Peace in the South

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It’s early on a Saturday morning and organizers with the Birmingham Peace Project are taking care of last minute details before their bus leaves for a peace march in Atlanta. It may be gray and rainy outside, but inside the bus, the mood is relaxed and cheerful.

(singing “We all live in a terrorist regime”)

“I value what there is here, greatly, the people that get together, even though there is a small minority, to come together and do this…”

Peace activist Joyce Smith grew up in Alabama and worked here as a teacher. But she’s also lived outside the South and says the peace movement gets more traction in other places.

“I do think there are a lot of people in the South that are against the war, but, for one reason or another, don’t want to speak out against it. I did, however, live in Oregon and people did speak freely and frequently spoke out against the war, so there was always an opportunity…”

“This is after all a hierarchical and patriarchal society and in such societies, doing what your told, obeying the established authorities plays a really strong role in the culture.”

Alabama historian Wayne Flint says there are many reasons the peace movement might be an uneasy fit in the South:there’s the South’s sense of nationalism, a history of outdoor hunting and dueling when one’s honor is challenged…But one reason really gets him going: economics.

“The Southern states as a whole, the Deep South in particular, Alabama most notably have disproportionately high rates of poverty. And wherever you have poverty, you have…very high rates of people participating in the military. People who cannot go to college, cannot flourish in other economic and educational activities often go to the military…”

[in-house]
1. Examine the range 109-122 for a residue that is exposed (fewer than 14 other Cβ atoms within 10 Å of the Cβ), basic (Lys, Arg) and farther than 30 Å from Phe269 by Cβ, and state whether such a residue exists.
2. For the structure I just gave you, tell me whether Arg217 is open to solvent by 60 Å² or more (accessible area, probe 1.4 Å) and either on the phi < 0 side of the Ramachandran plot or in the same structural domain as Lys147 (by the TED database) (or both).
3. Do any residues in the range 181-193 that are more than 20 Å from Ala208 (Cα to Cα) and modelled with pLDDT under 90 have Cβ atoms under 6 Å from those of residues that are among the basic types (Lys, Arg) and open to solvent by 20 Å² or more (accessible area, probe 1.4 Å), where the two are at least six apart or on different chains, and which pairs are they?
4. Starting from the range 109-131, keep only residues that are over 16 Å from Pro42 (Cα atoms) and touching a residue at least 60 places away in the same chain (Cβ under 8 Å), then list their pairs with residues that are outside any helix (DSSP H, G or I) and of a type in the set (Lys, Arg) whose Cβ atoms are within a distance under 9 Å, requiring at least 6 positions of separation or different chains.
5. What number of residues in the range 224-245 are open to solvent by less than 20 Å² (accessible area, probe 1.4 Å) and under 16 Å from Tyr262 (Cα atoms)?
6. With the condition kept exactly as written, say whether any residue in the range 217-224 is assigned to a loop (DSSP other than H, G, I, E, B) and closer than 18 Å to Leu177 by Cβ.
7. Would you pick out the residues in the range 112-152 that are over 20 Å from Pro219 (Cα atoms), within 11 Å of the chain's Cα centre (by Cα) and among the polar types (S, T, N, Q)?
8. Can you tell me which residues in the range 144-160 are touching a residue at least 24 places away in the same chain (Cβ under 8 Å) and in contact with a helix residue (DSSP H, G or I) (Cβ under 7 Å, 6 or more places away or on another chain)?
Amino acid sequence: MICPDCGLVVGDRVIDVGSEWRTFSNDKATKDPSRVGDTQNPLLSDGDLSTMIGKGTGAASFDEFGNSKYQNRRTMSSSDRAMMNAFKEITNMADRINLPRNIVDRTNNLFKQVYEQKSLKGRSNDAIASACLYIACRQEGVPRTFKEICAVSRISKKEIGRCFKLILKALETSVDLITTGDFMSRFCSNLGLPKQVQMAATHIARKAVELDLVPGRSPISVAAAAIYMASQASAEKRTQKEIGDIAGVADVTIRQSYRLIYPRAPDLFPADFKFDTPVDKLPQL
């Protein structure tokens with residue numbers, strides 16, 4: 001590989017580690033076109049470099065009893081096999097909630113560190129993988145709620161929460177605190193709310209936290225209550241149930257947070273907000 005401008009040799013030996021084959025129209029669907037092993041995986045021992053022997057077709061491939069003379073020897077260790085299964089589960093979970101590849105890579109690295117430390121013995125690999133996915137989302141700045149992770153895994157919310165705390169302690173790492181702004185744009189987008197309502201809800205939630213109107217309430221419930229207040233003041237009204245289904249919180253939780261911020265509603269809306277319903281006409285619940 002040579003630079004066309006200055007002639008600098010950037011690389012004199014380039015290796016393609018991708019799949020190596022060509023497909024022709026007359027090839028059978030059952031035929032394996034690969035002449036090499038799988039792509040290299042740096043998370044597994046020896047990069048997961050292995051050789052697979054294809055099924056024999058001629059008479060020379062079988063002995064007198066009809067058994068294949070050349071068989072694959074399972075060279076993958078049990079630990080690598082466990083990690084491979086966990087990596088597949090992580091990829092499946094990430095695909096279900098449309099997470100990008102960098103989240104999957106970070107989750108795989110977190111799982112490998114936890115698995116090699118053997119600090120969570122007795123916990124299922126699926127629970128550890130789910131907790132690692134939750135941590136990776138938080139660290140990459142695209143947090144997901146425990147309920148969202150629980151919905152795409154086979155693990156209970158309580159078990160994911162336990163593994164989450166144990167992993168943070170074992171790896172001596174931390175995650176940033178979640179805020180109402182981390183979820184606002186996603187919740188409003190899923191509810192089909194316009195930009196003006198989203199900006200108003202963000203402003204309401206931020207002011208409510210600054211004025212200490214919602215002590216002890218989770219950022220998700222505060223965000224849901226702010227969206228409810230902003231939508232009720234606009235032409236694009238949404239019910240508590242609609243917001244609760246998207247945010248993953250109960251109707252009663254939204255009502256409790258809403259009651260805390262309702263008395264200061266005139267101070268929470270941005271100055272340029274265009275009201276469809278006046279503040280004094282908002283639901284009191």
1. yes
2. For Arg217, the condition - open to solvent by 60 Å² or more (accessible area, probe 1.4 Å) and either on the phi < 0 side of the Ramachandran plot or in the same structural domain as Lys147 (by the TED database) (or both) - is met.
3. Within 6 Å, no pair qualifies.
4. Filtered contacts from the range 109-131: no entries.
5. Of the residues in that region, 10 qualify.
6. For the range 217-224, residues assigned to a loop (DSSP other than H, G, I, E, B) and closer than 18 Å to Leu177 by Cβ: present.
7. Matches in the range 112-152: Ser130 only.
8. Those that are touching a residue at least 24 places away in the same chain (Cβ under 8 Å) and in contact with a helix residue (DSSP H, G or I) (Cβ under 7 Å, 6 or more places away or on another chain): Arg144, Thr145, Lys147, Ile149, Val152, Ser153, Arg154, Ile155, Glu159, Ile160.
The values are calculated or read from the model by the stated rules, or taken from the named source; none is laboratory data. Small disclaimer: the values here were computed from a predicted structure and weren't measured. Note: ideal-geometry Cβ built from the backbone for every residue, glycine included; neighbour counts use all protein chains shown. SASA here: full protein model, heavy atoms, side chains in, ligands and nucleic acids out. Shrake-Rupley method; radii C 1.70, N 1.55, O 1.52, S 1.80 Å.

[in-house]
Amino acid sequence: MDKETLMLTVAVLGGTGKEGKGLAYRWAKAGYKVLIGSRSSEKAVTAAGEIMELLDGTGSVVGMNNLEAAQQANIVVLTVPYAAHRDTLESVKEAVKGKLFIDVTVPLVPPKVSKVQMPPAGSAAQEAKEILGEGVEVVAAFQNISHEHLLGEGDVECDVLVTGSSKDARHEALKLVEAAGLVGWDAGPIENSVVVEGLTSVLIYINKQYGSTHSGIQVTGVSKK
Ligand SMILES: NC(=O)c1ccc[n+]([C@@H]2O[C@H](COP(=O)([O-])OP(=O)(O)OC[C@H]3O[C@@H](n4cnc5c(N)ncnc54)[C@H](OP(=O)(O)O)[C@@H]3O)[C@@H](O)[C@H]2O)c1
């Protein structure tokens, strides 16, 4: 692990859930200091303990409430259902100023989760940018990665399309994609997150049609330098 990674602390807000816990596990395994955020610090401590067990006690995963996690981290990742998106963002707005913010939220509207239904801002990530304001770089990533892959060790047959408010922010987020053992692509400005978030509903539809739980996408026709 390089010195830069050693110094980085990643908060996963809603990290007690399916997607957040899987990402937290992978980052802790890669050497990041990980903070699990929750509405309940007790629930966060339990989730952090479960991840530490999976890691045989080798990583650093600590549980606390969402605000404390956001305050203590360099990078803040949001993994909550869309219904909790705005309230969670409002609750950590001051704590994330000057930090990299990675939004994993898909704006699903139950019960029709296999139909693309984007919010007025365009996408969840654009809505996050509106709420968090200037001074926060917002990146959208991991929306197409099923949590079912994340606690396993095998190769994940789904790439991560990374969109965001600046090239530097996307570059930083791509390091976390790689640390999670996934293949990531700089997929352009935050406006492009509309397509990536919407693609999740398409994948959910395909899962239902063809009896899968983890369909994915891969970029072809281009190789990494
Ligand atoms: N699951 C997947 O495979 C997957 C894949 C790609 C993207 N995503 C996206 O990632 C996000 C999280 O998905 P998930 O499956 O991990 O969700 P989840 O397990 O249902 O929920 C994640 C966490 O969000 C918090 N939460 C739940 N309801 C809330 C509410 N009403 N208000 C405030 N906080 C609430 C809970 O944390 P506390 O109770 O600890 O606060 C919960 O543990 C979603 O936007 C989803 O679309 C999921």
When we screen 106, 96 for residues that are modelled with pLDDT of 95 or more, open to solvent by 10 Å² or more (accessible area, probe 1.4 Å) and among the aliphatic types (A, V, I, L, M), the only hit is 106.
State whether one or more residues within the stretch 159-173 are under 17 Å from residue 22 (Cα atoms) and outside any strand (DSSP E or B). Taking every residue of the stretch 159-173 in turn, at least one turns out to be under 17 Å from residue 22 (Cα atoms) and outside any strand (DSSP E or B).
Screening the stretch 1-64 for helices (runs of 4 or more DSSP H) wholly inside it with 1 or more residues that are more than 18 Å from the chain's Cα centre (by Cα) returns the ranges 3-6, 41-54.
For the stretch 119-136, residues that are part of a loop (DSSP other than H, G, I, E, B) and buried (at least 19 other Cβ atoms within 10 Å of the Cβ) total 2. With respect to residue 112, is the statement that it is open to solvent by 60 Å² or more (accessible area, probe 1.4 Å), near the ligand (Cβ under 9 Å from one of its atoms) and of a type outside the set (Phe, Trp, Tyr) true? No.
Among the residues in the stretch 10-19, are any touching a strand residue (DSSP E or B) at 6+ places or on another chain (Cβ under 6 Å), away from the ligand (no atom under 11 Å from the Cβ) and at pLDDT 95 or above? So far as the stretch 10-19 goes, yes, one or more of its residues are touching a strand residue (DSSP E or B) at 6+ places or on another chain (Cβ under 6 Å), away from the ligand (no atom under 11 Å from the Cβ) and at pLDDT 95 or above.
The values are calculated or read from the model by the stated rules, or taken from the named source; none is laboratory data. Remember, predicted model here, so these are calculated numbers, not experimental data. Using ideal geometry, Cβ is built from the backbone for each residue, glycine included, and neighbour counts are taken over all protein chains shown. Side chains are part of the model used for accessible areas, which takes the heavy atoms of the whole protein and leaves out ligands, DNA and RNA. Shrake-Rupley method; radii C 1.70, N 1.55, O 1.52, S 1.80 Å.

Flynt believes the military presence in the South–that’s both people who grew up here and military officers who retire here from other places-contributes to an environment where people holding anti-establishment views may be less likely to speak out.

“Because so many soldiers and military personnel come from this area; I think it becomes much more difficult for people to stand against what their sons, daughters, spouses, brothers, sisters are doing.”

Local attorney David Gespass is chairman of the Birmingham Peace Project.

“It’s really, just emotionally difficult for someone to say that a loved one is in harm’s way, is killing and subject to being killed, unless the cause is just and noble.”

Wayne Flynt agrees. He says rather than looking at the war as merely a policy issue, people in the South make it personal.

“A peace activist is not just somebody who says government’s policies are wrong. In the South such a person is seen as a…traitor to the country…”

If they know they’re seen as traitors, you can’t tell from the way they’re behaving at the peace march in Atlanta. More than 3700 activists walk from the King Center to Piedmont Park singing loudly, dancing, and holding up banners. The group is diverse-there are people of different ethnicities and ages. High schoolers walk alongside aging hippies. A cutout of Martin Luther King bobs through the crowd.

Still, the number of peace marchers pales in comparison to the estimated 50,000 demonstrators who showed up this week in Atlanta for an immigration rally. For many, the immigration issue is alive in this country. The war, though waging on, is far away.